Best Wedding Toast Ever
April 9, 2013 6:44 PM   Subscribe

Somebody gave you a really great wedding toast. What was great about it?

I'm the maid of honor at my best friend from high school's wedding this weekend. We've lived 1,000 miles apart for many years, and I've been especially busy (and broke) lately with school. As a result, I haven't been able to do an amazing job with other MOH duties such as throwing a bachelorette party, attending dress-shopping, etc. She's been totally understanding about that from the beginning, which is great, but I still feel bad that I haven't been able to do more. One thing I can do is give an amazing, awesome toast.

I've been reflecting on our years of friendship and I'm beginning to realize that 99% of the great times we've had together either involve inside jokes nobody else would get, or wildly inappropriate shenanigans that are not appropriate for a room full of family members, or both. She's my partner in crime, and that's why we have so much fun together. But I'm a little stumped as to how to approach this in a way that somehow reflects how much I know and love her and how fun she is, but also won't scandalize anybody (or bore them, once it's all made PG.) I also feel like I kinda want to make things up to her for how unavailable a maid-of-honor I've been thus far- this is my one chance to really kill it and make her wedding awesome.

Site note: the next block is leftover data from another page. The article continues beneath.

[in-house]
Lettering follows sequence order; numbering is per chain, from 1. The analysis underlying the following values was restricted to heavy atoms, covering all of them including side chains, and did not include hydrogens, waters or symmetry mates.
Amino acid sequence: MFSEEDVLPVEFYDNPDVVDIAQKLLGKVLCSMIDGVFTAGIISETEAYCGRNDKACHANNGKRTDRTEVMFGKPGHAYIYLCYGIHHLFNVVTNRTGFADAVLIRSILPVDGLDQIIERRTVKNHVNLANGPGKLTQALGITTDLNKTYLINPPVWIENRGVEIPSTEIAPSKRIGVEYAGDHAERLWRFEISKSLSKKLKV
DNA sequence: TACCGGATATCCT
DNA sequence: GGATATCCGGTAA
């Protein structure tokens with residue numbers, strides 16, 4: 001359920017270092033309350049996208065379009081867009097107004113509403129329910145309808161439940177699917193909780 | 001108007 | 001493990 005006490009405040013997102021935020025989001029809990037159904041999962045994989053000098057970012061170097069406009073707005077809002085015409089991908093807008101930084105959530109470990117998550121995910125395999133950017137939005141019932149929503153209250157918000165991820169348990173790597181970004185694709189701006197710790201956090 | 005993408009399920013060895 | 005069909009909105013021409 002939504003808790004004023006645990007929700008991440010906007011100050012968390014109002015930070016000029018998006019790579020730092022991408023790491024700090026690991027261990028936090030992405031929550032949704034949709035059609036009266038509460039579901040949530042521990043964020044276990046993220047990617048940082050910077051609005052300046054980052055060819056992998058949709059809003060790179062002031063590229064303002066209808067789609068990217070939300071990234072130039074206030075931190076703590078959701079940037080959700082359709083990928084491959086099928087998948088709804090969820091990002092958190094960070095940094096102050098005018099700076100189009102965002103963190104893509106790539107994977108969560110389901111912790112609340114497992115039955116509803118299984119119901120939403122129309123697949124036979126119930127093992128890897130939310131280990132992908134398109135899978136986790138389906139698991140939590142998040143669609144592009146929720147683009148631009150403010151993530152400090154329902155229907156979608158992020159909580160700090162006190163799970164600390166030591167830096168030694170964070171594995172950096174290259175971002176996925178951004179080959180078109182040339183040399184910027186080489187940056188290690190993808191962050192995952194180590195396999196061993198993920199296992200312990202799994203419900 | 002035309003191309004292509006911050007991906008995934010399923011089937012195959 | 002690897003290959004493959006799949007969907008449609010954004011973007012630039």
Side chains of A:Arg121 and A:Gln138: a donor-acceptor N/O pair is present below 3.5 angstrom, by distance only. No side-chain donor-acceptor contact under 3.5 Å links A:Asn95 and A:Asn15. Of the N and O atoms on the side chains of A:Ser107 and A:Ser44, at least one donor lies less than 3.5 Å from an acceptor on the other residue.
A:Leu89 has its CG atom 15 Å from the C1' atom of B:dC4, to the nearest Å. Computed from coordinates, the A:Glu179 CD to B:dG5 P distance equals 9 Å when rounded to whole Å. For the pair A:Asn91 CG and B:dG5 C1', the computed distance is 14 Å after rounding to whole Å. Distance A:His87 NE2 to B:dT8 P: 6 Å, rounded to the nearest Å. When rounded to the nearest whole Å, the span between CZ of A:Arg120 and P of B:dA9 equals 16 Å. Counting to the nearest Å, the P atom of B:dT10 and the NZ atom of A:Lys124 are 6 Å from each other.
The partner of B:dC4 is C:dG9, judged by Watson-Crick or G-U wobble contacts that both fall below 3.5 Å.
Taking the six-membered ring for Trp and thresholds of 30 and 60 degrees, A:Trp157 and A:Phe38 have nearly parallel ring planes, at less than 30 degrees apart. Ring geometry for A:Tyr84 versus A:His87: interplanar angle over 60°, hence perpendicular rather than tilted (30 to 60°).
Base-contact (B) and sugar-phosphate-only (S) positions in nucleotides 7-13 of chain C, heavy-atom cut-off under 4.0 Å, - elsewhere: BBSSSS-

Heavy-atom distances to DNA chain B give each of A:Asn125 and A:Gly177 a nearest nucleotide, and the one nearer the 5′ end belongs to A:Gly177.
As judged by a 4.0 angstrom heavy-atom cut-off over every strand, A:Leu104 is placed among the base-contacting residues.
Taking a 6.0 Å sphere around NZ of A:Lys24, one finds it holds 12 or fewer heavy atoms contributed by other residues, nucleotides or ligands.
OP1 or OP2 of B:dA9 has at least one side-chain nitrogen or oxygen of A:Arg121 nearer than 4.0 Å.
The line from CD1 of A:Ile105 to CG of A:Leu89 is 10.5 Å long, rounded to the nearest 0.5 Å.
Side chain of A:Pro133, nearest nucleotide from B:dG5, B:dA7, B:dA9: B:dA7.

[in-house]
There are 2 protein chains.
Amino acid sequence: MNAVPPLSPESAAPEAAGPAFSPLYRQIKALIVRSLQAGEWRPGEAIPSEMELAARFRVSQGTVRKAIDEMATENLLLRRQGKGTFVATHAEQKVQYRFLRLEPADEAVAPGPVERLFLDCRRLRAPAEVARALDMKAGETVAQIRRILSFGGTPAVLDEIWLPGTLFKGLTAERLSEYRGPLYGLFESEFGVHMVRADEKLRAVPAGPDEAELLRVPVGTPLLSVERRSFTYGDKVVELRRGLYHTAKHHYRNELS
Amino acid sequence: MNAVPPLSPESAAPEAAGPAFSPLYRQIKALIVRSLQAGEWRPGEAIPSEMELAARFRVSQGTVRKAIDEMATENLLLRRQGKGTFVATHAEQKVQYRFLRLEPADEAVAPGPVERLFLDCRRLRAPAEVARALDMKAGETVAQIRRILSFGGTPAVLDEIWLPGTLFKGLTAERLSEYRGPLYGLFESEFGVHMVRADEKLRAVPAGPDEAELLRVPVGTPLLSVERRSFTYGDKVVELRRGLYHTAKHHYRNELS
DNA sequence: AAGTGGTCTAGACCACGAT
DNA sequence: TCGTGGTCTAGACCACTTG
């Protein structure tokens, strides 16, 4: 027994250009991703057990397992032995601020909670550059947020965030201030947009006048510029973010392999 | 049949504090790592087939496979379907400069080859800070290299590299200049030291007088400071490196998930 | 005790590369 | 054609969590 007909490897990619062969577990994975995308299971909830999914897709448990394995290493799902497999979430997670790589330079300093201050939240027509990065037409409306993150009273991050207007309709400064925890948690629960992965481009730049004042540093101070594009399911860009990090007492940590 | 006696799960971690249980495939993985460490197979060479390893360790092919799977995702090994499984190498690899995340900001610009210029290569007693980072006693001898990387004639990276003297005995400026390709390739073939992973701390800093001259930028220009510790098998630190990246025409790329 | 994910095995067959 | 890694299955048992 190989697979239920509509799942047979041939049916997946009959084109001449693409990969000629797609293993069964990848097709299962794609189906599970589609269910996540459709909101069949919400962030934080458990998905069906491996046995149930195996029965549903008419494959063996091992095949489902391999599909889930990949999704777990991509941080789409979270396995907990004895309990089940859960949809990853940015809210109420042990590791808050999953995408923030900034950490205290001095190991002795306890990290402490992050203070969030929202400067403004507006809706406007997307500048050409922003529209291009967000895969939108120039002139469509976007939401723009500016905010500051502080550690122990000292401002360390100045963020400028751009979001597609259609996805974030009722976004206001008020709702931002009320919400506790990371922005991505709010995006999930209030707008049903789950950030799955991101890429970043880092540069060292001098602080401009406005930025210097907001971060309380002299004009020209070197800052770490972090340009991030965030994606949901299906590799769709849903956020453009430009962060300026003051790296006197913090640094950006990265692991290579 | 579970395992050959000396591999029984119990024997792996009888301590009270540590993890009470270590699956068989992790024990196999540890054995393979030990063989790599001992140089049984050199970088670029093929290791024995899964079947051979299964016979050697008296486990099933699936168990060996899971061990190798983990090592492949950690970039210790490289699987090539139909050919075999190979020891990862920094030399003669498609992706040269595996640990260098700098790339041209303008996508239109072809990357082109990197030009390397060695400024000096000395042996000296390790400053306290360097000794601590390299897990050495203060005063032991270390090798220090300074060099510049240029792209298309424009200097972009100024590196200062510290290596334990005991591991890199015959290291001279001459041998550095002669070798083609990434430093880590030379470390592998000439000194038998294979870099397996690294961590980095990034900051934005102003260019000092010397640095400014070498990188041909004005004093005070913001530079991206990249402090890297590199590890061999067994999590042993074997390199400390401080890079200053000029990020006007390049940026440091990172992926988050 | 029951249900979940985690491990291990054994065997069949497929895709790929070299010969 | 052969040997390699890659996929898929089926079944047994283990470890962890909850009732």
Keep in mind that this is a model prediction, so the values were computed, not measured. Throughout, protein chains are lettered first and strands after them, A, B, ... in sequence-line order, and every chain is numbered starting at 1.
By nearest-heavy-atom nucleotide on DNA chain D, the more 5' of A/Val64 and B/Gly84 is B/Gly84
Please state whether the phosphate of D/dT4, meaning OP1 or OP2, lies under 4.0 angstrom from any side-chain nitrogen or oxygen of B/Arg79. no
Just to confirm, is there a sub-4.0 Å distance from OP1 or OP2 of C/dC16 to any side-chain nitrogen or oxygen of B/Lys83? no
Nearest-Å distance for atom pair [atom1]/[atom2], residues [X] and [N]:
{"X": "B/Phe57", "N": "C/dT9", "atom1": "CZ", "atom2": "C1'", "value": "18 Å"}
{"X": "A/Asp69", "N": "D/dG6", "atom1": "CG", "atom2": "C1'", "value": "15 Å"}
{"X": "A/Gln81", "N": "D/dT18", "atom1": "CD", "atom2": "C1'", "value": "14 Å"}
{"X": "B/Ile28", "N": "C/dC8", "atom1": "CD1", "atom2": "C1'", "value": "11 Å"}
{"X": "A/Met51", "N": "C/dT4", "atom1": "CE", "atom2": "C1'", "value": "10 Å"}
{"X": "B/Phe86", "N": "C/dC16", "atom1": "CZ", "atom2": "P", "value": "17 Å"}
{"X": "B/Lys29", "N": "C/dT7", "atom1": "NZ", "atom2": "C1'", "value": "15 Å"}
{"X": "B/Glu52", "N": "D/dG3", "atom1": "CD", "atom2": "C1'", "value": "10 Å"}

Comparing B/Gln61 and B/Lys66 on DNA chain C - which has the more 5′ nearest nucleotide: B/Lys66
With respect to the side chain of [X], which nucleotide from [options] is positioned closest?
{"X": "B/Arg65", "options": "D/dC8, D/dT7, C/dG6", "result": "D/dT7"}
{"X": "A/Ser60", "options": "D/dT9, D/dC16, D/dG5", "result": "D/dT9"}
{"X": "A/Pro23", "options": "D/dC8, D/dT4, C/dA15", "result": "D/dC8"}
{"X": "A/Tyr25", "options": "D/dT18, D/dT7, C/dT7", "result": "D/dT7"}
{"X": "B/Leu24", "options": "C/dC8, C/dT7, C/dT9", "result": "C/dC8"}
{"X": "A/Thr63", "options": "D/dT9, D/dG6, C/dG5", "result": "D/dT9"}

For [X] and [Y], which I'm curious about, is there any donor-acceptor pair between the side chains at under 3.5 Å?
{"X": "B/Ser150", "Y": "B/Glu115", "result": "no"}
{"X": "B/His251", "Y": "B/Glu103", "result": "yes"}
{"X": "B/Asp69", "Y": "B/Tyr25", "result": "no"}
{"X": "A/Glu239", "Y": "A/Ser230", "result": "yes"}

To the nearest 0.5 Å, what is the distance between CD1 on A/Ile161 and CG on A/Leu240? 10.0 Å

I've searched through some other AskMe's on wedding toasts but they're mostly asking for specific advice for a particular set of circumstances. And most of the answers are from people who wrote the toasts, not the toastees. I want to know, from those of you who have been on the receiving end of an amazing toast- what about it really made it fantastic? Was it hilarious? Touching? Creative? Did it involve a great story? I think I can go in just about any direction with this, so I'd love to hear what ended up meaning the most to you. Please be as specific as possible, it'll help!